Words and interview by Robby Pacicco / Photography provided by John Oates
His name is John William Oates and he’s an Aries. These are just his first achievements in a long list of accolades spanning decades of talent infused chapters, decorated in pomp and ceremony. He’s a member of the Rock and Roll Hall of Fame as part of the most renowned and best selling duo of all time, Daryl Hall & John Oates. They also just happen to be part of the American Songwriters Hall of Fame and holders of multiple awards including the highly coveted and prestigious BMI Icon Award for their achievements as song writers. Probably by now as you are reading this, you’re humming one of their classic hits and who can blame you? Sara Smile, Rich Girl, Maneater, Out of Touch, Private Eyes, One on One, I Can’t Go for That, You Make My Dreams, Possession Obsession, She’s Gone and many more come easily to mind. Since the late 1970s ears blessed with the gift to hear music have been lucky enough to experience the commonly referred to Hall & Oates experience. That sweet combination of folk, funk, pop, rock and tons of Philadelphia soul, snaps fingers and taps feet instantly upon auditory awareness. Even as a solo act John Oates is an extremely accomplished and successful artist and author. More importantly, John Oates is a regular down to Earth gentleman with gasoline pumping his heart, he’s a car guy. Not just any car guy, but a rock star car guy who knows the automotive and motorsport culture like no other. A true scholar from the University of Horsepower. Actually, he’d be the valedictorian if such an institution of high octane education existed.
Amidst the 2020 Covid-19 pandemic, Do Rev Mi founder Robby Pacicco was fortunate enough to converse in detail with John Oates about his lifelong passion for cars and his new automotive venture named Carlaboration. The instruments are tuned, sound check was performed. Now all that is left to say is… ladies and gentleman, please welcome to the stage Mr. John Oates!
RP: So, what caused it for you? When did the lifelong passion for cars ignite?
JO: Well, I think the real catalyst has to be when I discovered this box of old Road & Track magazines from the early 1950s, the earliest editions from when they had just started, as well as some Sports Car Graphic magazines. Someone had just thrown them away and left them there on the street. I just grabbed that box, brought it home and starting looking through all those magazines which I actually still have. I was living in a small town in Pennsylvania and yet this world of exotic European racing, endurance racing as well as the names just captured my imagination. I began to really go through these magazines and start studying everything about them. From the locations and events like the Targa Florio or Monaco. Then there were the names like Fangio, Ascari, Nuvolari and so on. All of this stuff was just this romantic fantasy to me and that’s how it all started. Then as I got older I tried to always talk my parents into buying a car they didn’t want, which I was very successful at! I used to bomb around in a little Renault Dauphine, then we got a Chevrolet Corvair which I tried to modify, like putting a bigger carburetor and things like that. Eventually, my parents needed a new car and I talked them into getting a Pontiac GTO because I had told them it was just a Pontiac Tempest! You know, interestingly enough Daryl and I bought that car off my parents and started to go on tour with it in the early 1970s. Eventually I got into competitive racing.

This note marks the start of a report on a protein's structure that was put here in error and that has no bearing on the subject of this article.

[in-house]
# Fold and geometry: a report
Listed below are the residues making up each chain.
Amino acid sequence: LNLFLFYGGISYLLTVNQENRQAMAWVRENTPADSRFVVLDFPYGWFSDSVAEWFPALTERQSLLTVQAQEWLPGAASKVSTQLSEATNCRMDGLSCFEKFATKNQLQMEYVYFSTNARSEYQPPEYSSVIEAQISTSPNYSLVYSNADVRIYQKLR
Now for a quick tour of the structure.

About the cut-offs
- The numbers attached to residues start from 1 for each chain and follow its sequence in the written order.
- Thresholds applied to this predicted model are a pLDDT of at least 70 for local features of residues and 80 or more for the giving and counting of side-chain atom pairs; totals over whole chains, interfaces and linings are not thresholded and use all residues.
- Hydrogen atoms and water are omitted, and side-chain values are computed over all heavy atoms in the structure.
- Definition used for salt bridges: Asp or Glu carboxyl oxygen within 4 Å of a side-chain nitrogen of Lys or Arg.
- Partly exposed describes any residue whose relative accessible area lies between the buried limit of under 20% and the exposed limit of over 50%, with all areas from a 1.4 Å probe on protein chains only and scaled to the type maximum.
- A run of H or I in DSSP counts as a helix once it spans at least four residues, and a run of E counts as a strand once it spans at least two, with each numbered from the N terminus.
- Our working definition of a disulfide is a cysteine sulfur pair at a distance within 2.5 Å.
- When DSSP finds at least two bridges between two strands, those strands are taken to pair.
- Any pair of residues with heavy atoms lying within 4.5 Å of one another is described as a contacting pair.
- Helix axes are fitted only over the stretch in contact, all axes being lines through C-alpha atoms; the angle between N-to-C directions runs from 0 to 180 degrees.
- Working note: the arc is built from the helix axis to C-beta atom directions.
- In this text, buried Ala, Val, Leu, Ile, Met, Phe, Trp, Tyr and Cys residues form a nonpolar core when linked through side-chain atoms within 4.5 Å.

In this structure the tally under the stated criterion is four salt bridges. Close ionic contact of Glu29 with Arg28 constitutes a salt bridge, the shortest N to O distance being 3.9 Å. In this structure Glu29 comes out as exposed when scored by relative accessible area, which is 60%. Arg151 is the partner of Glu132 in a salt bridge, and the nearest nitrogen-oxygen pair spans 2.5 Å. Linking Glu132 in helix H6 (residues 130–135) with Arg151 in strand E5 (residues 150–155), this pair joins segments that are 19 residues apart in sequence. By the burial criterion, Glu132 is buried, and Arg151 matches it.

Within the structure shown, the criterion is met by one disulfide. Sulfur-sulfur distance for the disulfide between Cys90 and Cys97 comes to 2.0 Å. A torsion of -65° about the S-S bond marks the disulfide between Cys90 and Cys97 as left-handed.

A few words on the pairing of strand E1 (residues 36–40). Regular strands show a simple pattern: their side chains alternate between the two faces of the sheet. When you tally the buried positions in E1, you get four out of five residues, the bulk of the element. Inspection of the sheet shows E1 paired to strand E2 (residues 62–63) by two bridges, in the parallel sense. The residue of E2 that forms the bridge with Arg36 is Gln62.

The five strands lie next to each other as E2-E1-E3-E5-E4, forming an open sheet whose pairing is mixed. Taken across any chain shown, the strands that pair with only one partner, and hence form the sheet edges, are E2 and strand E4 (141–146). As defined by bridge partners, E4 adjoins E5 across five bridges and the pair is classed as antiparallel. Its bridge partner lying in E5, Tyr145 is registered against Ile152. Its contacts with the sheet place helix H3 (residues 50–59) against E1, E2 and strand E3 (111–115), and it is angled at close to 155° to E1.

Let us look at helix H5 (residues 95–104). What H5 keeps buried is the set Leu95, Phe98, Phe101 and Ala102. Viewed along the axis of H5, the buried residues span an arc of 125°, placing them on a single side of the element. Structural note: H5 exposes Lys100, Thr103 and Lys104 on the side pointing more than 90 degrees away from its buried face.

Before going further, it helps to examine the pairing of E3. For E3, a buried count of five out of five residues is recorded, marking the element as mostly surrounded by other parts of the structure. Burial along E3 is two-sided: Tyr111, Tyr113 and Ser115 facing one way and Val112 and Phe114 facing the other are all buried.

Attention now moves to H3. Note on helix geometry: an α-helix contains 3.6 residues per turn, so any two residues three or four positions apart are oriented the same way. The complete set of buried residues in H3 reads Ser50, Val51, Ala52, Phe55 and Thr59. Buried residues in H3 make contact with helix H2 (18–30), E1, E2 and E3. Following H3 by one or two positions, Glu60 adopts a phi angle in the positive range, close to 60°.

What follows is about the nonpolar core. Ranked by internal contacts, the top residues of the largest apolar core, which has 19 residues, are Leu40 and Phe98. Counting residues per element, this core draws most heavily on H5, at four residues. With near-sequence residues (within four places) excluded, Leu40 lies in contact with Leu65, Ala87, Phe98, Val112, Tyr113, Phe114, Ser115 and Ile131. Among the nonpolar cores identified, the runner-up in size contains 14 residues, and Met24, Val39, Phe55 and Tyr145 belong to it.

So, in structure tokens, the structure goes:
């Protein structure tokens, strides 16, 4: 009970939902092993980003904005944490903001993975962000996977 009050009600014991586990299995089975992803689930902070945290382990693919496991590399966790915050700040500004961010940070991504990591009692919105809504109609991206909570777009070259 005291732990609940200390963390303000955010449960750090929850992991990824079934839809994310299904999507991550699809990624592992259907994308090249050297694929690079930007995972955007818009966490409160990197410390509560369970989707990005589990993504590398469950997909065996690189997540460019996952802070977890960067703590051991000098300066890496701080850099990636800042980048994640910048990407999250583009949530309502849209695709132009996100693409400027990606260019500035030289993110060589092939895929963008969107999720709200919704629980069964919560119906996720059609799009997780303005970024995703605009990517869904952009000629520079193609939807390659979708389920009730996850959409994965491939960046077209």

RP: Oh that’s cool! Do you have licenses or racing certifications?
JO: Yeah, yeah I do. I started in the normal way drivers start with go-karts. There was a very active go-kart track in Long Island, NY. I joined the club, bought a kart. I did two seasons of karting and eventually went to the nationals down in Florida. I didn’t do that well but at least I was there! Then I eventually went over to England and got certified at Brands Hatch over at the racing school there. Came back to America and got certified at Pocono. I raced in Formula Ford with SCCA, won a national and a couple of regional competitions. I even got my FIA license, did IMSA, I raced at Daytona, Lime Rock, Watkins Glen. I got into it pretty seriously but realized I wasn’t really giving it a full professional effort although I was really racing in a professional category. It really wasn’t the best thing and I eventually had an accident and so I decided to hang up the racing part of my life, but I still love to drive.